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I was talking to someone here awhile back, discussing the differences or lack of differences between Germany and America. I made the comment, "Sometimes, I think if I'd just been plopped here, if my ears were shut, I wouldn't know that I was in another country, but simply some large town still in the States."

"Really?" Was the incredulous reply. "I feel like the parks are enough to distinguish us."

Without a moment of thought, I knew she was right. Even when I first came here it was the first thing I noticed ... that and the placement of the traffic lights. So, yes. If I were simply dropped into Germany I might not realize myself to be in another country at once, but as soon as I would begin to walk I around it wouldn't be long before I ran into a park. 

And then it would be clear that I was no longer in the States, but some strange and fascinating land.

Children's play areas are everywhere. 

And by that I mean literally. Just around my close vicinity there has to be at least fifteen or more parks I can easily take the children to.
The first thing I noticed about the parks is that they are mostly made of wood, not plastic. Ams that the ground is natural or sand. 

The secons thing I saw is that they are so big. By big, I don't necessarily mean there's a lot to them or that they are spacious. The picture above is one of the "largest" parks I've seen in that regard.

No by big, I mean generous. 

They are higher, and with more scope for imagination. Sometimes they frighten me a little with the younger ones just because the height is so great and I'll stand underneath while children play for fear they'll fall ... If they did fall I don't think it'd be any minor bruise.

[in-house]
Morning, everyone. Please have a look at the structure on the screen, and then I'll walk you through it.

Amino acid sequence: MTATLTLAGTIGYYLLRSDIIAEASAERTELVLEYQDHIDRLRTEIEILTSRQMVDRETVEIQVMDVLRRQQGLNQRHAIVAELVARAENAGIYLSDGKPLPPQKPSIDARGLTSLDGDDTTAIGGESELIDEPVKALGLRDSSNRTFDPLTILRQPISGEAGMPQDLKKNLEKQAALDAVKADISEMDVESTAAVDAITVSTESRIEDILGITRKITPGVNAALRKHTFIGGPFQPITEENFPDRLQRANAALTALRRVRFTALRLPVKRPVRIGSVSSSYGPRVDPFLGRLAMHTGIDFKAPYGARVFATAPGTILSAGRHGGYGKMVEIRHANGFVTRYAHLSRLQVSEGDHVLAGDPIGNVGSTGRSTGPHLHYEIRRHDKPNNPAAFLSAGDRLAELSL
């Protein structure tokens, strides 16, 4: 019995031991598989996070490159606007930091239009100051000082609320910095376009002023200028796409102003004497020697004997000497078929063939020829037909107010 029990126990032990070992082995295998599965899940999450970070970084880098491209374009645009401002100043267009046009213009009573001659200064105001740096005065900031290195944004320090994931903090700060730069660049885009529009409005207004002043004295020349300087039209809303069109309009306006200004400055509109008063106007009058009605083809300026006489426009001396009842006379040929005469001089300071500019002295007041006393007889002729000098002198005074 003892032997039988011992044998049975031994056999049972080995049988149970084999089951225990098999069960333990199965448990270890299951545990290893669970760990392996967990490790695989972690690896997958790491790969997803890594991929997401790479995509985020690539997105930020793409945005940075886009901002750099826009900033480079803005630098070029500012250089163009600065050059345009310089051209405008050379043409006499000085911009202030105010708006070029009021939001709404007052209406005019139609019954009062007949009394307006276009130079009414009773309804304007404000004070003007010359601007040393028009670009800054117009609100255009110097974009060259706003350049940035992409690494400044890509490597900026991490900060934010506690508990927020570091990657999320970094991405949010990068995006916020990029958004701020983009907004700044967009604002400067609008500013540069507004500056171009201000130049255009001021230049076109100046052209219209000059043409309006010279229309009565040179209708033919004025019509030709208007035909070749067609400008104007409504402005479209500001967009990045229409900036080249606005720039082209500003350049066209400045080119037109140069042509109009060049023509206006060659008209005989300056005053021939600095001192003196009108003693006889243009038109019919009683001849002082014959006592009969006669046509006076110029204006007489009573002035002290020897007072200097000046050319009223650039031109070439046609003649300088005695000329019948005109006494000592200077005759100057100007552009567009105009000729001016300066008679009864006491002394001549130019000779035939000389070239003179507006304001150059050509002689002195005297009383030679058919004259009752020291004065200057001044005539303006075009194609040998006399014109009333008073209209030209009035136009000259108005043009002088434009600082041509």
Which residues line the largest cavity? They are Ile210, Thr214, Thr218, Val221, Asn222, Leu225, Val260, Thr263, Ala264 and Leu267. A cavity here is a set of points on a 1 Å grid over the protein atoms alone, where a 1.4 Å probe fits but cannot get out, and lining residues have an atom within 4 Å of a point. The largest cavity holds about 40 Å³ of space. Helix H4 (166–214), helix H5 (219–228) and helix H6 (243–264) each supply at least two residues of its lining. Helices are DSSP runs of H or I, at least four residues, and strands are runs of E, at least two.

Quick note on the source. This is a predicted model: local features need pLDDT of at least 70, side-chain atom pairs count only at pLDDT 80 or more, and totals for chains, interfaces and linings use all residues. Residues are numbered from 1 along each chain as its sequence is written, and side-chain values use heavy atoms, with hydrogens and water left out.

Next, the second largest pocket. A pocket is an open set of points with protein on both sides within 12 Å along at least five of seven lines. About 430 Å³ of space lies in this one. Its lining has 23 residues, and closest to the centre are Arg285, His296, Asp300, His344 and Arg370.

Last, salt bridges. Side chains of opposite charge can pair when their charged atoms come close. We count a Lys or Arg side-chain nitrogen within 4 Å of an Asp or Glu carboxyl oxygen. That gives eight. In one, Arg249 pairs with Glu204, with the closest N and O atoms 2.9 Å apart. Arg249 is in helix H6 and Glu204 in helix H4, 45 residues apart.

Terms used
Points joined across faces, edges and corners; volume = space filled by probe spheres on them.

Most of the parks are quite small. But even them they are generous. This park has one of the longest slides I've ever seen on am outdoor park. And then it also has a fantastic rope bridge, pictured below. Those two things, with they many trees all around make for quite a time of fun for children.

This little bit of park is a good example of all the metal and wood, and bridges, and how it's all imaginatively put together. EVERY park is unique.
There are also indoor parks... this one is in a grocery store, of all places. And there are four stories of fun, soft play equipment with still the classic hint at being possibly dangerous and definitely fun.

Another example of children's unique play equipment ... This metal is bendable and moves about as the children climb up it.
 This play ground has a fun water fountain that goes through all those little bowels then down onto the ground over rocks and small dams built of sand by children.
 I LOVE this small this place. It isn't actually a normal play ground, but a special place ran by people that are there when the park is open.

But they give boys (or girls) tools and lumber and let them build these shacks ... isn't that just the neatest idea ever?

That round blue swing seems to be quite common at a lot of parks. And it's great for more than one child to crown onto, and it can go quite fast and high.

Oh. Their parks here also have merri-go-rounds! And one place has a built in ground trampoline. And nets that one can climb up high into the sky ... or so it feels for the child and the one waiting nervously for them down below.

There's one little park of small dirt trails for children to ride their bikes round. There are long logs extended high up over the ground that one can climb until they reach a "lookout".

Very dangerous and totally exhilarating.

If it isn't already clear, I've fallen in love with the German parks and I'm so impressed with them.

I've always been a fan of letting children live and figure out things and not over protecting them. Of course, we can't just let them experiment with dynamite or try every berry or mushroom they see growing. But I do think a little adventure that might end in a scraped knee or scruffed elbows and dirty hair always results in a healthier, happier child.